Task Force KleptoCapture has used the MLCA in several other recent prosecutions, targeting both US and non-US persons who have violated the unprecedented economic measures imposed by the United States on Russian interests.[55] These prosecutions illustrate how the DOJ is regularly turning to the MLCA to fight illicit activity on the international stage. Although federal prosecutors have increasingly used the MLCA to charge international bribery schemes involving foreign officials and others with limited or no direct contact with the United States, prosecutors have also relied on the MLCA– as these recent prosecutions by Task Force KleptoCapture show – to prosecute sanctions evasion by Russian oligarchs and export violations by smugglers working on behalf of Russia’s war machine. Indeed, money laundering charges are becoming a potent weapon in the fight against varied forms of illicit financial activity, a trend that is likely to persist in the coming years.


[1] Zachary Goldman and Erin Sloane are partners, Emily Stark is a counsel and Jason Raymond is an associate at Wilmer Cutler Pickering Hale and Dorr LLP.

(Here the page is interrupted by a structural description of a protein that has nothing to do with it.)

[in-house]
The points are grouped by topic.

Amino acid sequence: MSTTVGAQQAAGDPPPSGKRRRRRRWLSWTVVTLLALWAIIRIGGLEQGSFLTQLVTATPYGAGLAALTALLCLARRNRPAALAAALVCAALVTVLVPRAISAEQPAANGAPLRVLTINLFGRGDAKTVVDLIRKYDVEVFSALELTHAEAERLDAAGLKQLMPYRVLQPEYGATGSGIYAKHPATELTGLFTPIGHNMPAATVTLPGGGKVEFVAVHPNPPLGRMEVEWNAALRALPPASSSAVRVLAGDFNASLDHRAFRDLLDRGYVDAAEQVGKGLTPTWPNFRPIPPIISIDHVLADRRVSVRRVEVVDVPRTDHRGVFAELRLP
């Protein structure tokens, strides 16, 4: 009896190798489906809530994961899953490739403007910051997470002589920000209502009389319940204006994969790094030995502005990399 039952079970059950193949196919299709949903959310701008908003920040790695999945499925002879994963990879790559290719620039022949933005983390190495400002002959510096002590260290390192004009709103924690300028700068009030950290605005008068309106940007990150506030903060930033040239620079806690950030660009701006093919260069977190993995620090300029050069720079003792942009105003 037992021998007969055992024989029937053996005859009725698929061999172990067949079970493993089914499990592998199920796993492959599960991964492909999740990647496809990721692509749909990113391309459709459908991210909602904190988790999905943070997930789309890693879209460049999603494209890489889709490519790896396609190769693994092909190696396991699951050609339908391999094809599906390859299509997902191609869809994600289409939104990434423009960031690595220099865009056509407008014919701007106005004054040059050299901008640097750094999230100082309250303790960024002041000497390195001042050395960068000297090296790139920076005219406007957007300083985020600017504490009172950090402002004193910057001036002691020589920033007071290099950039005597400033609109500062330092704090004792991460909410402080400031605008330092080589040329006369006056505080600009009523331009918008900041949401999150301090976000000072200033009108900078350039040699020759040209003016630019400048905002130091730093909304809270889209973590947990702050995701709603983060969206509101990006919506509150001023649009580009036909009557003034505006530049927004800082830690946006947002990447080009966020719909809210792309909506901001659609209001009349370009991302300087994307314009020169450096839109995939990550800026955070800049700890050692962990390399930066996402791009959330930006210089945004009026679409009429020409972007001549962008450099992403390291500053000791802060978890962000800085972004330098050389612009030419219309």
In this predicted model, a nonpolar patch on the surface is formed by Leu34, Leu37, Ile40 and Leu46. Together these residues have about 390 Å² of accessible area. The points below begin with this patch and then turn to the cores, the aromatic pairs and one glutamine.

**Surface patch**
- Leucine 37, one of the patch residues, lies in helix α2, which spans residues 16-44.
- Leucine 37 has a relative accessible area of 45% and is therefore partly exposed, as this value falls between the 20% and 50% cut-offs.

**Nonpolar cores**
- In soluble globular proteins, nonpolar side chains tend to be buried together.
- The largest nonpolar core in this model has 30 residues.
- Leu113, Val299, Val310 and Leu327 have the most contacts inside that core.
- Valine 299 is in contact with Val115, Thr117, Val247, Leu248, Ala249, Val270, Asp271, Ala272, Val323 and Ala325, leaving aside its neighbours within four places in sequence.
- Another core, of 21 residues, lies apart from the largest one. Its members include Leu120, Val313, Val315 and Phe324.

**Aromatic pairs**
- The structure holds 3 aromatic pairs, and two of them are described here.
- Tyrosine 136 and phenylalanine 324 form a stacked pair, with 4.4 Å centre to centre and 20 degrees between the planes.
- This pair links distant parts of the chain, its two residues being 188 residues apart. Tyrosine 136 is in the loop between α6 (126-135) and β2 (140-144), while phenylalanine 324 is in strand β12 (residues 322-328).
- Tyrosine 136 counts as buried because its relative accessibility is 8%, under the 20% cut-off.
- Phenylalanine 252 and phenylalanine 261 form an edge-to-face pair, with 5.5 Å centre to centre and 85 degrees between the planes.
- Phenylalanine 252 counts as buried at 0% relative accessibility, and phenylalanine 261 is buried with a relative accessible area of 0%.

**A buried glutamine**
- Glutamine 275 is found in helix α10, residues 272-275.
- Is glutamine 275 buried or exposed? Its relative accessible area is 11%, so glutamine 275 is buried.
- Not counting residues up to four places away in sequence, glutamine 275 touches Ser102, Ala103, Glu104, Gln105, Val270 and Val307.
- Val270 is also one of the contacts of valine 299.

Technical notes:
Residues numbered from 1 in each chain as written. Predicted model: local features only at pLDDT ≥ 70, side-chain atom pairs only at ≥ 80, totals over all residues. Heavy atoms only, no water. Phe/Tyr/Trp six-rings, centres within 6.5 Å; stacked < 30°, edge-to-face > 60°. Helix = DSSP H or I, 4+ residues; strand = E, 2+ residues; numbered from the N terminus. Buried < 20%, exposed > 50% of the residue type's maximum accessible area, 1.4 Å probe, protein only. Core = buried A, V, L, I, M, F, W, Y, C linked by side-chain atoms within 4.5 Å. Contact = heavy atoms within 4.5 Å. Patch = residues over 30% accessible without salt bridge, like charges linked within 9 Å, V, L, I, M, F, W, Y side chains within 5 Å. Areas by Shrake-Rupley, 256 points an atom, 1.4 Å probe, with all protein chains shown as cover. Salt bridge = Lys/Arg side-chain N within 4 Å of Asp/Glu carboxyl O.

[2] 984 F.3d 191 (2d Cir. 2020), cert. denied, 141 S. Ct. 2862 (2021).

[3] See US Dep’t of Justice, Office of Public Affairs, ‘Deputy Attorney General Lisa O. Monaco Delivers Keynote Remarks at 2022 GIR Live: Women in Investigations’ (16 June 2022) ( (accessed 10 July 2023) (discussing increased sanctions enforcement and noting: ‘Over the last couple of months, I’ve given notice of that sea change by describing sanctions as “the new FCPA”.’)); see also Joseph R Biden, Jr, President of the United States, ‘Memorandum on Establishing the Fight Against Corruption as a Core United States National Security Interest’ (3 June 2021) ( (accessed 10 July 2023) (describing efforts to fight corruption globally by, among other things, using anti-money laundering and sanctions tools in concert with the US Foreign Corrupt Practices Act (FCPA)).

[4] An issuer is ‘any person who issues or proposes to issue any security’, 15 U.S.C. § 78c(a)(8), and an issuer company is a company that has issued securities registered in the United States or that is subject to the reporting provisions of the 1934 Act or that is required to file reports under Section 15(d) of the Act, 15 U.S.C. § 78dd-1(a).

[5] A domestic concern is (1) any business that has its principal place of business in the United States or that is organized under the laws of the United States, its territories, possessions, states, or commonwealths, U.S.C. § 78dd-2(h)(1)(B), and (2) ‘any individual who is a citizen, national, or resident of the United States’, 15 U.S.C. § 78dd-2(h)(1)(A).

[6] See, e.g., United States v. Hoskins, 902 F.3d 69, 84 (2d Cir. 2018); Transcript of Jury Trial at 29, United States v. Goncalves, No. 09-CR-335 (D.D.C. 6 June 2011), ECF No. 434.

[7] Joseph R Biden, Jr, President of the United States, ‘Memorandum on Establishing the Fight Against Corruption as a Core United States National Security Interest’ (op. cit. note 3).